The Magical Trifecta of Gary fucking Numan

These are the Numan gospels of the early ’80s synth bible. Unfortunately, people have often lumped Gary into that pile of one-hit-wonder artists when, in fact, he’s one of the coolest motherfuckers to ever play the game. He revolutionized and defied genres and boundaries with a synth that he found abandoned in some studio. Shit was about to go in the trash. Without him and his wailing electronic chords, industrial rock, synth pop, post punk, and acts like Marilyn Manson and Nine Inch Nails, wouldn’t have had a foot to fucking stand on. Though his influence is massive, many still think of him as a joke. To combat this, we’re going to go over the three back-to-back motherfuckers canonized within Numan’s “machine phase”.

replicas

Replica (1979)

Yes, I know it says Tubeway Army on the cover. But Gary wrote all the fucking songs and that’s him on the cover. Just look at that beautiful bastard up there in his full regalia of a man/machine socially awkward nihilistic 20 something. Bowie influence? What the fuck do you think? Of course! More specifically, this influence comes from Bowie’s legendary album Low which was released two years earlier. But Gary had more synth, more punk rock, and more relatability than Bowie ever did. Bowie was a hell of a lot of things, but relatable just wasn’t one of them. Want an alien that came down to earth to teach us all about being sexually fluid? That’s Bowie. But Numan played it differently. He embodied the theme of the robot/man. A thing trying to understand all these human interactions, feelings, and all of our hella depressing existential crises. He was an androgynous punk rocker that sang songs about emotional distance (“Me, I Disconnect From You”), the multilayered fear of how technology will change the world (“Down In the Park”), and that hidden fear that the relationships in his life were merely an act (“Are ‘Friends’ Electric?”). He took the isolation and godless nihilism of punk and mashed it together with the ideas of Philip K. Dick, using a synth keyboard as the glue, back in 1979. Go ahead and pretend that’s not impressive as fuck.

pleasure

The Pleasure Principle (1979)

This is the album that gave Gary a name. The ninth track “Cars” has been played to death. It’s hard to listen to in relation to this album. When you hear it you think, “oh, that song”. You’ve heard it because we all have. At some ’80s theme party, you probably got stupidly drunk on shit beer and danced to it with flailing gestures and tiny and alarming pelvic thrusts. But there’s so much more to this album than its catchy single. Yet I get it. I’m not a complete idiot. I know how this album, and Gary Newman in general, may appear at first. By the time the first instrumental track weens out its thick synthetic line, you might even be laughing at the dated sounds. Shit can seem silly. I wouldn’t be surprised if you were making fun of it. But as soon as the beat hits on the second track “Metal” it’ll be too late for you. By then, you’ll be fully Numan-fected, Numan-filed, and Numan-fucked. And when that silly synth somehow shifts into something completely cool and edgy, and you dig deeper into those lyrics, you’ll find a wealth of complete and beautiful songs that are catchier than chlamydia in the ’80s. Gary comes back with a more refined idea of his metal/man persona. Also, you’ve probably heard the song “M.E.”. It’s the main fucking sample in Basement Jaxx’s iconic song, “Where’s Your Head At”. This shit’s so good it’s a multi-generational hit machine. That’s not luck. That’s good fucking songwriting.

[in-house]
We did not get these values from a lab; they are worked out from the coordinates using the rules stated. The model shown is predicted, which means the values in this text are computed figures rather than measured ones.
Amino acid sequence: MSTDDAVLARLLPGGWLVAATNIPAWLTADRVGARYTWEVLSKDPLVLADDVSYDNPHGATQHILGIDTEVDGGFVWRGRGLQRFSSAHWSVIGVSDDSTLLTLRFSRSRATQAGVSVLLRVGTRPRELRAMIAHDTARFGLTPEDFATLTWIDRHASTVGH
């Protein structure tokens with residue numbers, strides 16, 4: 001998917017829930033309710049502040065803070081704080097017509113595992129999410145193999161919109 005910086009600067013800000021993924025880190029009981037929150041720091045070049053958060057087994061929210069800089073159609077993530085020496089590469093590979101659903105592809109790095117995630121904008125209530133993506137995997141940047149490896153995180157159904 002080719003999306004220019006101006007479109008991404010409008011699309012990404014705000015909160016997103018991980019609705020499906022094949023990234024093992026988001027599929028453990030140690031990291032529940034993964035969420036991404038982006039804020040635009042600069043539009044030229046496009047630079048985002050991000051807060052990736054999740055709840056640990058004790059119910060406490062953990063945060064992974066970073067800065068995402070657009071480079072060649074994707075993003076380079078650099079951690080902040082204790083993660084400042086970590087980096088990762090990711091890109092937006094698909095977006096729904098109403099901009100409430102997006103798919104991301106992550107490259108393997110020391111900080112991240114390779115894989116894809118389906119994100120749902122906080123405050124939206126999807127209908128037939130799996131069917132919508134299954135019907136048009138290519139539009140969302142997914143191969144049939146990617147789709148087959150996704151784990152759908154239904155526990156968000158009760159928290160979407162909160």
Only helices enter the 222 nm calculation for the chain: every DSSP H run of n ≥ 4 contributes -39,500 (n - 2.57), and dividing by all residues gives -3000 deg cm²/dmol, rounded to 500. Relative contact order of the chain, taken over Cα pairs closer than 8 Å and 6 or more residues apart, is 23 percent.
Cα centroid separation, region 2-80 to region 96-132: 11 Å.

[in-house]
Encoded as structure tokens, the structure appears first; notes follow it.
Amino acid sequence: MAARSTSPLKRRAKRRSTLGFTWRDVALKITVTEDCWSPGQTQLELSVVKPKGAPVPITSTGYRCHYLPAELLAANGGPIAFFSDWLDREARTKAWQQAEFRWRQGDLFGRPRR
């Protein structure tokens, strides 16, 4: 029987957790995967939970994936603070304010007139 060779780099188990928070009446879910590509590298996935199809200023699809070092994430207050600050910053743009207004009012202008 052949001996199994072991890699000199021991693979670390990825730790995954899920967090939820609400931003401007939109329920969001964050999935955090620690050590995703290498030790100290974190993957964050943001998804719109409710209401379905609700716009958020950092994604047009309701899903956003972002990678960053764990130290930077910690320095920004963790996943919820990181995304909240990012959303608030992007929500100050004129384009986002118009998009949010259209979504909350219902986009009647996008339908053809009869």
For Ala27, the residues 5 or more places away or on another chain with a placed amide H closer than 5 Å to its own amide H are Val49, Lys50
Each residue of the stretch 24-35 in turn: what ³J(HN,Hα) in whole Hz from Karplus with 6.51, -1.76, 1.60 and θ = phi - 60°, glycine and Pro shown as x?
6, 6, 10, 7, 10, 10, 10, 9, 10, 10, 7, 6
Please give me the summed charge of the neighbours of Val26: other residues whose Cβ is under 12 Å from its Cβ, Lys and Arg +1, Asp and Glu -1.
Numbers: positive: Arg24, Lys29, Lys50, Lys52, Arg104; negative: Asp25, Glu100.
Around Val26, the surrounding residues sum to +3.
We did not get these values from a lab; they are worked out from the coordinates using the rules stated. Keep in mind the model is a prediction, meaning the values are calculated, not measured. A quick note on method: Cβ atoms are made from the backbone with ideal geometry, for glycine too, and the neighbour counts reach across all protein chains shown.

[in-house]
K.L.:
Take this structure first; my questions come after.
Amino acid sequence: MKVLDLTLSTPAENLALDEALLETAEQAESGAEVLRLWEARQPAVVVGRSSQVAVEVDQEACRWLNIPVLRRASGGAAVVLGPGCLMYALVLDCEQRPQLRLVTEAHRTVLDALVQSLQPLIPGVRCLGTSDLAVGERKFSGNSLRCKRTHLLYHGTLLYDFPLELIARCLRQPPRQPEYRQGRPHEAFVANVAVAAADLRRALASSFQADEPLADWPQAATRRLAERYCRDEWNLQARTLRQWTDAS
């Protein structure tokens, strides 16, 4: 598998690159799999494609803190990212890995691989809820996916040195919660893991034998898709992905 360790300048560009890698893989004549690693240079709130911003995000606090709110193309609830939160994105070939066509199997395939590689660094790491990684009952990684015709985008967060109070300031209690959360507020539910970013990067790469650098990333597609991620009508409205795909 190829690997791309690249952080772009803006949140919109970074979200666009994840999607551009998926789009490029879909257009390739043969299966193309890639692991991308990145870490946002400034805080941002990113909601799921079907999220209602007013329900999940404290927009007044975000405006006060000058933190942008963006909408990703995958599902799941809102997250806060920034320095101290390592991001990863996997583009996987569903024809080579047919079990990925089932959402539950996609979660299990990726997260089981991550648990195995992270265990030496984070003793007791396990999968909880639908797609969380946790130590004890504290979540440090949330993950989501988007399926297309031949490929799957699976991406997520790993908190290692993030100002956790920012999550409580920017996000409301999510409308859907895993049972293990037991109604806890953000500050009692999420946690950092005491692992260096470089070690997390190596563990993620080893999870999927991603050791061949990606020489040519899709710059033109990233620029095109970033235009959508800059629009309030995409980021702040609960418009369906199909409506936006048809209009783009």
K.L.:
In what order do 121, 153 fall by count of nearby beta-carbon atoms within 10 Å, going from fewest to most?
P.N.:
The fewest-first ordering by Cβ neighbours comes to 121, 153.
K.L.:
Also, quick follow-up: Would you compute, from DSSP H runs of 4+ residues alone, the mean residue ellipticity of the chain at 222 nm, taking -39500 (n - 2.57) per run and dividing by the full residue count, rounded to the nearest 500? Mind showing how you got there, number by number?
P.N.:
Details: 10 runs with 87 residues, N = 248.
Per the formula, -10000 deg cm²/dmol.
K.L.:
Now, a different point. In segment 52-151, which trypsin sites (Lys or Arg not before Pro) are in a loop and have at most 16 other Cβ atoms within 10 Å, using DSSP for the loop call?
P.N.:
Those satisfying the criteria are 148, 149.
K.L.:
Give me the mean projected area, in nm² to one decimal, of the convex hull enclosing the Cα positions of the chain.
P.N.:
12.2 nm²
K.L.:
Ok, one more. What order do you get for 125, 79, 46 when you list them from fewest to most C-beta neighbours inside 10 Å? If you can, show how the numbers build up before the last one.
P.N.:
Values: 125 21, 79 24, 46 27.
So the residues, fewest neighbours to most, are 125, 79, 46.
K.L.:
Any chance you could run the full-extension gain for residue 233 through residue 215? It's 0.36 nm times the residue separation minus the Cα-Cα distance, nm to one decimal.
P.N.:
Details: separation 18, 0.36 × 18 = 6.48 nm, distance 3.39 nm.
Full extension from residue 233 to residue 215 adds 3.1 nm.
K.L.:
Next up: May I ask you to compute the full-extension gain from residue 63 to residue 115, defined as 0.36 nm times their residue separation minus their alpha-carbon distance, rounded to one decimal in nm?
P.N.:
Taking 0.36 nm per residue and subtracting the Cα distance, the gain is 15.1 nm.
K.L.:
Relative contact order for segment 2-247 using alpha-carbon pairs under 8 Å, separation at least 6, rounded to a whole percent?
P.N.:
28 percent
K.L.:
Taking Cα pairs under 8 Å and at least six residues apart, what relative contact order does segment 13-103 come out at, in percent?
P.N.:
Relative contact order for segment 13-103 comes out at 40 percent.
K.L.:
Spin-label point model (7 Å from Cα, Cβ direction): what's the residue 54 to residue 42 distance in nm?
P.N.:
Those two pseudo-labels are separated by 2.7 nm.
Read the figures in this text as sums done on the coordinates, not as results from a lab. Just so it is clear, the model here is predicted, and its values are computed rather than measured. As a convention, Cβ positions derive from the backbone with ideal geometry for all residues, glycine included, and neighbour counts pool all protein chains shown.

tele

Telekon (1980)

Trent Reznor listened to this album every single day when he made Pretty Hate Machine. He said that himself. Without Telekon there is no Pretty Hate Machine. A couple listens through and it’s easy to see why. This album’s influence on industrial music, and electronic rage and disdain in general, is pro-fucking-digious. It’s also the most overlooked of these three albums. While Replica has the joy that could only come from premiering a new idea (rough, raw, and entertaining as fuck) and The Pleasure Principle has some of the catchiest shit ever fucking made (a complete player, start to finish), Telekon is a heady, deep, and unbelievably innovative. Numan drops the naive and kitschy punk-rocker mask to show off the thick meaty brain in his robotic persona. Dude references William S. Burroughs on “The Joy Curcuit”, plays Erik Satie’s “Trois Gymnopédies”, talks about the vulnerability of youth in “We Are Glass”, and reveals his atheist depression and anger at a godless world in “This Wreckage”. Every fucking song on this motherfucker is laden with meaning and depth. Yet, due to this album’s complexity and nuance set next to The Pleasure Principle’s many earworms, Gary would forever be stamped as a one-hit-wonder. Motherfucker sacrificed his fame in order to tell the truth. Now that’s some cowboy level kinda shit.

Now that modern ears can hear an ’80s synth keyboard as an instrument, instead of dated tech, more Gary Numan fans are coming out the woodwork. This shit’s not ironic anymore. You can finally enjoy it for what it fucking is: good music. Gary no longer holds the place at the butt end of a joke on some late night music channel, because that late night music channel doesn’t even fucking exist anymore. And when Numan is measured for the worth of his songs, the wealth of his ideas, and not the date of his synth, he’s a goddamn ’80s goldmine that revolutionized multiple genres and continues to inspire the minds of multiple fucking innovators. And even if you’re an asshole that still thinks Gary Numan is a one-hit-wonder, you have to admit that this one hit cracked the musical world in fucking half.

 

 

 

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